Ask your audiologist...
As I have gotten older I find that I have to have ear wax removed about once a year now. What can I do myself that would help to keep the wax from building up on me?
This is a common complaint with my 65-plus patient population. As we age the hairs in our ear canal don't move the wax out of the ear canal as well as they used to. Sometimes the wax clings to the ear hair and collects and builds until there is a blockage of wax. An impaction of wax can cause a mild to moderate hearing loss all by itself.
Cerumen is the medical term used for what we call ear wax. Some people are wax builders and no matter what they do to try to combat the wax they tend to have to have their wax impactions professionally cleaned out as soon as they notice they are not hearing well.
After ears are cleaned out I recommend letting shower or bath water run in and out of the ears and then using a cotton swab or Q-tip to clean the outside of the ear and the very opening of the ear canal (never insert or plunge the cotton swab down into the canal this can push wax further in or you could possibly rupture your ear drum).
Here are some home remedies that can be helpful for softening ear wax so that it can migrate out of the ear canal or make it easier for a physician or audiologist to remove it. Over the counter ear wax drops and bulb syringe purchased at the drug store or your audiologists office. Follow the instructions provided. When using the bulb syringe to irrigate the ear with water squeeze the syringe very gently. One would not want to blast water into the ear possibly rupturing an ear drum. Olive oil or mineral oil dropped into the ears before bed for a few nights (cover your pillow with a towel). Use either an eye dropper or saturate a cotton ball and squeeze drops of oil into the ear canal. It is easier if you have someone else do this for you. If home remedies are not working for you it may need to be removed by a professional.
Some common methods of wax removal by a professional include but are not limited to: 1. The use of a curet and otoscope where the wax is grabbed by a dull instrument and pulled or gently scraped out. 2. An irrigation method of warm water piped into the ear which breaks up the wax and washes it out. 3. Suction machine that works like a tiny vacuum and sucks the wax out of the ear.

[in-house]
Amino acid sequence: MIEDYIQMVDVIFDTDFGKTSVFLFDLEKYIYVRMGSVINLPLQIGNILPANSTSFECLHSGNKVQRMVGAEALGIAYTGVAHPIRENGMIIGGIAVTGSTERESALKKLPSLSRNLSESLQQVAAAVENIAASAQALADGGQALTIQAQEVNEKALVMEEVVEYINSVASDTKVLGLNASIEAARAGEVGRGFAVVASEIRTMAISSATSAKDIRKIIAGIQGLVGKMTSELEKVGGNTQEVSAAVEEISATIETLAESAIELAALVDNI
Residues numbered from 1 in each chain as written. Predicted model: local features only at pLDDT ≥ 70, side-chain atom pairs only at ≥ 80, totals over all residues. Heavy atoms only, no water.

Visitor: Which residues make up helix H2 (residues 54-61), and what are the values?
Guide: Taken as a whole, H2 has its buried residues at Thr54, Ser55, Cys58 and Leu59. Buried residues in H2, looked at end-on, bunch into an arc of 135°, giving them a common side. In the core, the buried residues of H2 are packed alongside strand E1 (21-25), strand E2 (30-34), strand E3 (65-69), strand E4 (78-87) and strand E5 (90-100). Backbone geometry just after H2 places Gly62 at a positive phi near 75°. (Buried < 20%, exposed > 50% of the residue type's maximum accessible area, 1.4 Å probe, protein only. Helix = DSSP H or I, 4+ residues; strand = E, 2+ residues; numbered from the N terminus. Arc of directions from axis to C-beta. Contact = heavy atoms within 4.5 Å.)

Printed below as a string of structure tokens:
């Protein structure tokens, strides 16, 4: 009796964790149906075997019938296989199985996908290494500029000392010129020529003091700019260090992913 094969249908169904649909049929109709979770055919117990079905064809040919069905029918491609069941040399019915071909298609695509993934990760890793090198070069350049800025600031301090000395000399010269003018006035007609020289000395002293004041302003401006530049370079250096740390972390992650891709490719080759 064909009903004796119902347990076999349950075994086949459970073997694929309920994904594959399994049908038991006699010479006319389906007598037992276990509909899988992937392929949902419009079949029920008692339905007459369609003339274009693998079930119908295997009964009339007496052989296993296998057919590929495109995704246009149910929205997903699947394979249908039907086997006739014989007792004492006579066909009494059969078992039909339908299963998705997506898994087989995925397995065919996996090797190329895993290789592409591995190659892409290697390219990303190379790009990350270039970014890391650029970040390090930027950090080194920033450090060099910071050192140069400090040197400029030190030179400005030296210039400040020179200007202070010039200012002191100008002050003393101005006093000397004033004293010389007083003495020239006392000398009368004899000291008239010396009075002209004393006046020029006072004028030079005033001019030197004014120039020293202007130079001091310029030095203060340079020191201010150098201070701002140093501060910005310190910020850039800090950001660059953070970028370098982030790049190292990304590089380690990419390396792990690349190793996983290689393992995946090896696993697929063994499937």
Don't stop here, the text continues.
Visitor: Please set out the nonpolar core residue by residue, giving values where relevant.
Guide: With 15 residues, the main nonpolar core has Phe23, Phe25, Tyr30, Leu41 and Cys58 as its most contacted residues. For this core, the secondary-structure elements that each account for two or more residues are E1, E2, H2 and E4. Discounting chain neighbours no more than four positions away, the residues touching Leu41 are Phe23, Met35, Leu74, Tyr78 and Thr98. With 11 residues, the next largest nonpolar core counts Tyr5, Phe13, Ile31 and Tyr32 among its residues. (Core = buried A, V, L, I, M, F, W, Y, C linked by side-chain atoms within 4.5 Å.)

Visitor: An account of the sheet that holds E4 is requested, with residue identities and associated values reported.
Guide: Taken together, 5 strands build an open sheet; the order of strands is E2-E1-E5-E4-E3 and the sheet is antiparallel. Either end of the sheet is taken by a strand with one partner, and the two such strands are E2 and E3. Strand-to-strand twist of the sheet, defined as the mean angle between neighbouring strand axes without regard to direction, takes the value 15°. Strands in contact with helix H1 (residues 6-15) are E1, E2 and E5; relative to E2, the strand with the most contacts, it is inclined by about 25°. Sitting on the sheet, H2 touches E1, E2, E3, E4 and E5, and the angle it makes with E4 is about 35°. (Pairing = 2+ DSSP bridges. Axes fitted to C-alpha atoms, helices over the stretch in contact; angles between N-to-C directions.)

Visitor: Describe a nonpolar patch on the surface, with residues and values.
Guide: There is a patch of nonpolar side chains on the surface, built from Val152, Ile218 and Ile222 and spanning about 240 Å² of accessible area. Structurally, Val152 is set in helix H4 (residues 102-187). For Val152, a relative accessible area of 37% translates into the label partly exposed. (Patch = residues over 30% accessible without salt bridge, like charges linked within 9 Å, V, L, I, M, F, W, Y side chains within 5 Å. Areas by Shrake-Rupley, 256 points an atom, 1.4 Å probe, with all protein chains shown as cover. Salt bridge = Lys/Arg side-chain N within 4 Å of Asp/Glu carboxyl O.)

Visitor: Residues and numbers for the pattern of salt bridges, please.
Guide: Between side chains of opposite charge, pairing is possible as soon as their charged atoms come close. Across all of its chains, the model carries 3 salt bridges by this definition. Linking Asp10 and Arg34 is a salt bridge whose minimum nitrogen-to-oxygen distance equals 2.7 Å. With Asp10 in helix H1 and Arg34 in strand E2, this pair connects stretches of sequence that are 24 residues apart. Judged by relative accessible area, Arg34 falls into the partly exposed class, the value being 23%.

Many people tell me that their mothers taught them to remove wax from their own ears with objects like toothpicks, matchsticks, hair pins, pens and pencils. This is very dangerous and unsanitary. The ear canal is a warm moist place which is a wonderful breeding ground for infection. If you poke dirty objects into your ear you are risking that you may break the skin and cause the ear to bleed or become infected or even worse rupturing an ear drum.
How do you know if you have too much wax? Well you can't look into your own ear so I advise that you make sure your ears get looked into every time you go to see your physician. If you haven't been to a physician in over a year and you are concerned about wax build-up our office provides ear wax removal for seniors every Tuesday morning from 9am to Noon for a fee of $10.
Dr. Tia Flynn is a certified audiologist and has been in business for over 10 years. Every Tuesday morning from 9:00 a.m. to noon, Dr. Flynn provides free hearing screenings at 1601 3rd St. in Coeur d'Alene. (208) 664-2767. Visit www.affordablehearinginc.com for a free copy of the consumers guide to hearing aids and watch helpful videos.